04/28/2014 05:26 pm ET Updated Dec 06, 2017

Spring Broke

Ah, springtime, that season when schools take some time off and families connect over amazing vacations to ski resorts, sunny beaches and big cities with multi-level American Girl stores. At least that's the way it seems if I peruse the photos my friends post on their Facebook pages. I click through pictures of kids, toes in the pristine sand of exotic beaches, with perfect sunset backdrops, and can't help but feel like a complete sh*t in comparison. "Having a blast in Turks and Caicos!" the caption reads. I look out my window and it's the same leafless tree limbs and brown grass I saw last week. I love spending time with my kids and husband, but school holidays often leave me mentally, physically and financially tapped out. And we barely even leave our own zip code. By the end of it, I'm Spring Broke on every level. So I decided to come up with some rules to help us survive this time off with as much of our sanity intact as possible.

1. If we are actually paying for five of us to get on a plane, EVERY child must be old enough to remember the vacation. On the downside, sorry, oldest daughter to two younger brothers, you will never be able to revel in the memories of meeting Snow White and Ariel at Disney World at an age when you would have appreciated it the most. Money was tight in our house -- still is, actually -- and there is no way your father or I could have ever stomached shelling out $200 a night so that your youngest brother could whine and cry his way through the "happiest place on earth." On the upside, now that you are 13 and that brother is 6, if we do decide to go, I think we will safely avoid the PTSD (and the therapy costs) attached to meeting Goofy in the fur.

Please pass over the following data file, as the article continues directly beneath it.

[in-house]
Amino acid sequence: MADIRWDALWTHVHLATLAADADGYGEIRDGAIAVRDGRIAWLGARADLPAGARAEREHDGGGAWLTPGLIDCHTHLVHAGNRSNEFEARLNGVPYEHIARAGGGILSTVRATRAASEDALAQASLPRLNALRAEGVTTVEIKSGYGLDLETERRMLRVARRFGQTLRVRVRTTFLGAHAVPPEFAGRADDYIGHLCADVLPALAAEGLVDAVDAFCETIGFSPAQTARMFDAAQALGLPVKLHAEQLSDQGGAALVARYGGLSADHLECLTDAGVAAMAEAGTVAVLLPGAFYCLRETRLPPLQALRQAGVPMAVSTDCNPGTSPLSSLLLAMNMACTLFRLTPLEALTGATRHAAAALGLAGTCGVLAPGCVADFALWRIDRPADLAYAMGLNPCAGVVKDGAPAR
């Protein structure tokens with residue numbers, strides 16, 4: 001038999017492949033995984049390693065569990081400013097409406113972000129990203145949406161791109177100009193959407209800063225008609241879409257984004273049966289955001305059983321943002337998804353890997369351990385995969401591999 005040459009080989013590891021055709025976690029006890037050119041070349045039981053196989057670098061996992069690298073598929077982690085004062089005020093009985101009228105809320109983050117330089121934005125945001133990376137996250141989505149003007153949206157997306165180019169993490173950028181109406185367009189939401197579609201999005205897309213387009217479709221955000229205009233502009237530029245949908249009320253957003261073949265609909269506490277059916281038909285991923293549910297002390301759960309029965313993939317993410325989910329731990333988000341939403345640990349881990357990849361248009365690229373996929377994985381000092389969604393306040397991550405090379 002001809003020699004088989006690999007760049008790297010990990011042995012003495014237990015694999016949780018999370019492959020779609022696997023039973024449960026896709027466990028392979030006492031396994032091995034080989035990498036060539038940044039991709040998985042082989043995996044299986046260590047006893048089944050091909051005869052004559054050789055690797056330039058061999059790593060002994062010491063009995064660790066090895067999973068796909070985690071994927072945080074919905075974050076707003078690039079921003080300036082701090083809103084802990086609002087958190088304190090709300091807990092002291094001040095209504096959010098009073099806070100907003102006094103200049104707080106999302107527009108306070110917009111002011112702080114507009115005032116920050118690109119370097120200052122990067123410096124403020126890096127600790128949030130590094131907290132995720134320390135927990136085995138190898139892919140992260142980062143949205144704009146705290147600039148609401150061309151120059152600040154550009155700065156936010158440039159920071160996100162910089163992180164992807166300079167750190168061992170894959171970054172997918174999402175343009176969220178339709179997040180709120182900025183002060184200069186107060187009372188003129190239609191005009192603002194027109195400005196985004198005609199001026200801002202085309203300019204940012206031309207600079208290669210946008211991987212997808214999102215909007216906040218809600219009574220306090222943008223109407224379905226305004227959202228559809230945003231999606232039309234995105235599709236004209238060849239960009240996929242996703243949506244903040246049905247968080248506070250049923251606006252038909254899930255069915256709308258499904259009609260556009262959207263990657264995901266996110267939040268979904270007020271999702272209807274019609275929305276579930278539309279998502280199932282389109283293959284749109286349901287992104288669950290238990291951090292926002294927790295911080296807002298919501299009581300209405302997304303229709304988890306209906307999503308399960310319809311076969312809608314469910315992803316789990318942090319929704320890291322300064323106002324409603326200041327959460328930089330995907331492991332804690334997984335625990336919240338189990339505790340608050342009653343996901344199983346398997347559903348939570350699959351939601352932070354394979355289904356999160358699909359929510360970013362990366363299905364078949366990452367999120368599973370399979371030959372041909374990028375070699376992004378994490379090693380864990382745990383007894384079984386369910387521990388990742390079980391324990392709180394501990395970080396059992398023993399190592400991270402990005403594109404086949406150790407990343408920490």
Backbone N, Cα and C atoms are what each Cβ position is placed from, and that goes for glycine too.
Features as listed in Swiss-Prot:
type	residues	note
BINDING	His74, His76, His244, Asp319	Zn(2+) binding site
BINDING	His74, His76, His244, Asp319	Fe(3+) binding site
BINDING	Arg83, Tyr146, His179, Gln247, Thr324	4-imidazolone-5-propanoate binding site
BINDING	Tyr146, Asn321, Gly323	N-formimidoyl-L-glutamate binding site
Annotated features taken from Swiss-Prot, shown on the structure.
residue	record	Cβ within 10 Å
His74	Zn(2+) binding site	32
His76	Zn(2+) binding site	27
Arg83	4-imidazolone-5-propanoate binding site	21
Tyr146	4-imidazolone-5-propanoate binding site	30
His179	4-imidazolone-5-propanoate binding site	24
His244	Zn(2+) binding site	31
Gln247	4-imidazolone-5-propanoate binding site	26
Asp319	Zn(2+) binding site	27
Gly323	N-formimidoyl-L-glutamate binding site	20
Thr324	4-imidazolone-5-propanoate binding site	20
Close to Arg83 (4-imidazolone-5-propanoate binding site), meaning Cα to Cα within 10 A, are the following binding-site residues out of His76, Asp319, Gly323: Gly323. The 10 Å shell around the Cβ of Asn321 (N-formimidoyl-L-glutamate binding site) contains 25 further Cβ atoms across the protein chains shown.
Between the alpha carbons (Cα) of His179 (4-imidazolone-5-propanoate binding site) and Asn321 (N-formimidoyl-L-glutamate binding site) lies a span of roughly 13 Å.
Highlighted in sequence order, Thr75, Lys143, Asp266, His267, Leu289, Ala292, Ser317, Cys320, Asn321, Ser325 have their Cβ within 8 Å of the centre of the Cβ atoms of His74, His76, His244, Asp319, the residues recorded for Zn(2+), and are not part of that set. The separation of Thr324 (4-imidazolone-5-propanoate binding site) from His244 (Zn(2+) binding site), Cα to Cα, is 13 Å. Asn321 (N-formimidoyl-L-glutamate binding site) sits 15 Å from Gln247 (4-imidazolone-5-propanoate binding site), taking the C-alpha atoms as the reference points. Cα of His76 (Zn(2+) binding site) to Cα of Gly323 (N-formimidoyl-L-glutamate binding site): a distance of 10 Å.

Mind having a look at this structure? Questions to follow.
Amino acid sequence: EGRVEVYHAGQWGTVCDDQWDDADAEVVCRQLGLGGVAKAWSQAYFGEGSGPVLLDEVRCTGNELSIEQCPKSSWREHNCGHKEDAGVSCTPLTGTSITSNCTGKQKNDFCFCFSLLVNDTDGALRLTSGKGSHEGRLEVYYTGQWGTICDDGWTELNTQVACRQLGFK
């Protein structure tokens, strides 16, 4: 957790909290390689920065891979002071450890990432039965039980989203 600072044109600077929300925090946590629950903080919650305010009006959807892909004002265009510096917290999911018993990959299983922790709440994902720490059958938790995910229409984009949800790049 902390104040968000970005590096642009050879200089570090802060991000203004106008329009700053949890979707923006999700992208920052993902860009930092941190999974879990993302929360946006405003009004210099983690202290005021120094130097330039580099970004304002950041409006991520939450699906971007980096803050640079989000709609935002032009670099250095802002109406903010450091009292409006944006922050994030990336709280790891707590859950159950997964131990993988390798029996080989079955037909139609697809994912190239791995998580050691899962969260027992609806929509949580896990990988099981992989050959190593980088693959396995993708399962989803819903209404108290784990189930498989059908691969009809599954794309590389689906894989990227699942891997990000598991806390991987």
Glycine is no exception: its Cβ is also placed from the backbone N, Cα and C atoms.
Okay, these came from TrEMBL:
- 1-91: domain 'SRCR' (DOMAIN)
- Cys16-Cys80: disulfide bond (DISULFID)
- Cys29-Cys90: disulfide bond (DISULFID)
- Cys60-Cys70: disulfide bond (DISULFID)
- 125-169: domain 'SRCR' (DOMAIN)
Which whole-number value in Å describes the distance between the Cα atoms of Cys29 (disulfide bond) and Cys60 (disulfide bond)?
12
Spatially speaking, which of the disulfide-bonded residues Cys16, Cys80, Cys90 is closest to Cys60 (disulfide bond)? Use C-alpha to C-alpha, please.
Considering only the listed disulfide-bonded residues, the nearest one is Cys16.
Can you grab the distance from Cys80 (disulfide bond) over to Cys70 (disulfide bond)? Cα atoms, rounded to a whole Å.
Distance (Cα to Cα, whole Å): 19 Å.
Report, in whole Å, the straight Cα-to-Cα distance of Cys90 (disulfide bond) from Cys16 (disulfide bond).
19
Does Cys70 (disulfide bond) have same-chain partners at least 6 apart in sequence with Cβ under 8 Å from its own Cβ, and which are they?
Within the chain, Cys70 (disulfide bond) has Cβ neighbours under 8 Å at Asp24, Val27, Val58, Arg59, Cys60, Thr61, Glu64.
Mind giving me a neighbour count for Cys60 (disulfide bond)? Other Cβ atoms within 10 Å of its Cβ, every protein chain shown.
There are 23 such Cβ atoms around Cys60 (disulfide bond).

2. As long as we can manage to do it and still sleep in our own beds, we will always incorporate a visit to an amusement park. Busch Gardens, Williamsburg, is within a short drive from our house. Every year we do our very best to spend at least one day there, since even though our three children irritate each other to no end bumping elbows in the car on the way TO the park, somehow, magically, once inside those heavenly gates, they would gladly crawl onto each other's laps if a roller coaster were involved. Now that my kids are all big enough to enjoy at least a handful of the thrill rides, we can scream at the top of our lungs, and for at least one day, it isn't at each other.


3. I will do my best to arrange an activity where my children can hit, kick or punch something really, really hard, without getting in trouble for it. Now, this could be as simple as a batting cage or as complex as a soccer camp with Messi himself, as long as my kids feel worn out, and therefore too tired to take unsanctioned aim at each other. This year our family spent the first night of our spring break at a trampoline park, where my two boys spent almost the entire time in the dodgeball area. They whipped balls at each other, laughed hysterically when they missed, and gave props for well-aimed shots. And when our youngest landed on his head after he decided that he just had to try that backflip, his older brother was really sweet to him. For almost five whole minutes!

4. One of the most challenging aspects of school breaks in our home is the noise -- more accurately the never. Ending. Volume. So I will try to designate a Panic Room. A little nook of neutrality. A place in my house where I can disappear, if only for a few minutes, and get some peace. And I will stock it with earplugs. Laundry room? Great. Closet? Fine. Garage? Perfect. Dog Crate? Brilliant. As long as it is closed, quiet and calm. I just need to be sure to force myself to come back out at some point.

5. Finally, I will try not to compare our family spring break experiences to those of others. I will post pictures of neighborhood bike rides, trips to our local zoo, roasting marshmallows in the backyard and picnics, with pride. I will try to soak up all of these moments and revel in the fact that I won't have to re-pack a suitcase, deal with jetlag or face an airport security line. I will seek out new and unique activities to try in and around our hometown, and spread the word if I uncover a local gem. And I will secretly take great comfort knowing that those toes on that gorgeous beach I saw on my friend's Facebook page probably just kicked some sand in their owner's sister's face.

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